A reader commented on the previous post, Chart with a Dual Category Axis, asking whether I’d use a pareto chart for this data. I commented that it almost was a pareto chart, since at least within each category the data is sorted from high to low. Then I got to thinking, if I put my data into a table, and use a pivot table to sort both the main category and sub category by number of defects, I would essentially have a pareto chart.
A pareto chart is a column or bar chart that lists items in decreasing order of their occurrence. A pareto chart may include a line chart series showing the cumulative occurrence of the items. The left-most items are most prevalent, so if your pareto chart shows instances of failure modes, you start fixing the left-most failure modes first.
Here is my data table. The main category data from the first column is duplicated in the second for reasons which will become clear when you try to use the category in two places in the pivot table.
|1||Main Category||Category||Sub Category||Defects|
Select the data and insert a pivot table. Put the Main Category and Sub Category fields into the rows area, the Category field into the columns area, and the Defects field (Sum of Defects) into the data area.
This data arrangement looks very much like what I set up manually in the last post. Now you can either make a pivot chart from the data:
which is somewhat inflexible in its formatting. I personally would like to remove some of the white space all around the chart and delete the legend. You can clean it up somewhat by hiding the pivot chart field buttons:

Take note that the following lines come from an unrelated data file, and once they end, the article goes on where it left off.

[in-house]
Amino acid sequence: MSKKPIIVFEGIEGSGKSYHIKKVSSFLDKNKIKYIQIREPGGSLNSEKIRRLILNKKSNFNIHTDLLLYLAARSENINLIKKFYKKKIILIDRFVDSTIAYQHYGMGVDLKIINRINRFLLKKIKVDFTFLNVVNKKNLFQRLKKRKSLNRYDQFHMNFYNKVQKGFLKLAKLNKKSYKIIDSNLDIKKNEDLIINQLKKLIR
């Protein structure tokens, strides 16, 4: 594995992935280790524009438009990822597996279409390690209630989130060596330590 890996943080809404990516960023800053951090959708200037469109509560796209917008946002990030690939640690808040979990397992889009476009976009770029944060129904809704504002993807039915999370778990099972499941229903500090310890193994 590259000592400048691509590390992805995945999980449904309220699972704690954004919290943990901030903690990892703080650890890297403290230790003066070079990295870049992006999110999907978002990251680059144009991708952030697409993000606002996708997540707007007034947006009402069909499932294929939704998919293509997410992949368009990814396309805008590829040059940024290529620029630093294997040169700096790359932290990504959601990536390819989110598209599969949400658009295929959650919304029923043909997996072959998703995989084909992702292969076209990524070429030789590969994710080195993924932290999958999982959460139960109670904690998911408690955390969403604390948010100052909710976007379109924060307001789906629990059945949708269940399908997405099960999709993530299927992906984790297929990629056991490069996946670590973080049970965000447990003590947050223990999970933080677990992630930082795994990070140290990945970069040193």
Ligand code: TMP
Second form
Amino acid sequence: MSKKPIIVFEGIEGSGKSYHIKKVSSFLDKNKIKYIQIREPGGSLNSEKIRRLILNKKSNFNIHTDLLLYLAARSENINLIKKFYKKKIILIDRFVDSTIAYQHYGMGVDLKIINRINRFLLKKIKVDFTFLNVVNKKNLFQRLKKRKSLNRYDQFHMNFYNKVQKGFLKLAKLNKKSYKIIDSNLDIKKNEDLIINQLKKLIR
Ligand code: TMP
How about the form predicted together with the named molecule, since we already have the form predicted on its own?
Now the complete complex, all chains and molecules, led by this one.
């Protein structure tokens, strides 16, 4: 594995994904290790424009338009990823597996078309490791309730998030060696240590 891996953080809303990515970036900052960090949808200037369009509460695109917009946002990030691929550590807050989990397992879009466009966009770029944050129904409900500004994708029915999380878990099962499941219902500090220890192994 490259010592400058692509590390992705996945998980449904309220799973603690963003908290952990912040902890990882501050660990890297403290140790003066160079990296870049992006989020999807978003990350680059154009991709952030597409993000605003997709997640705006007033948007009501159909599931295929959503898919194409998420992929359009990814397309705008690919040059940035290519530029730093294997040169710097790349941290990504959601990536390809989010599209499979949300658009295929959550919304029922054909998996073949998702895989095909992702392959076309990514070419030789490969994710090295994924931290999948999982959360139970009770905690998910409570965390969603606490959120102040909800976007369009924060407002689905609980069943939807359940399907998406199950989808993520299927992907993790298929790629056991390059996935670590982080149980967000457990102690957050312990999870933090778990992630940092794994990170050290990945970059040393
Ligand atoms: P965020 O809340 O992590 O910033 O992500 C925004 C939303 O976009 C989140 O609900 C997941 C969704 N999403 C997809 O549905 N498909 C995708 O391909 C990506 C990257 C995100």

I still like to make a regular chart from my pivot data, as long as the pivot table isn’t going to change its shape too much. To do this, you have to select a blank cell distant from the pivot table when you insert the chart. Then you need to add each series individually and select its data, in Classic Excel either in step 2 of the Chart Wizard or in the Source Data dialog (use the Series tab in both cases), or in Excel 2007 using the Select Data command.
The advantage of the regular chart is that you have full control over all formatting, and over the data used in the chart. The disadvantage is that if the pivot data changes and the pivot table is refreshed or repivoted, the pivot table may cover a different range, and the chart will plot the original range. If the data changes a lot, you will have to (a) update the chart source data links manually, (b) design some clever dynamic range definitions so the links automatically keep pointing to the correct range, or (c) write a VBA procedure to update the chart’s links. This last option is pretty tricky to set up, but saves lots of time and frustration in the long run.
Second in a series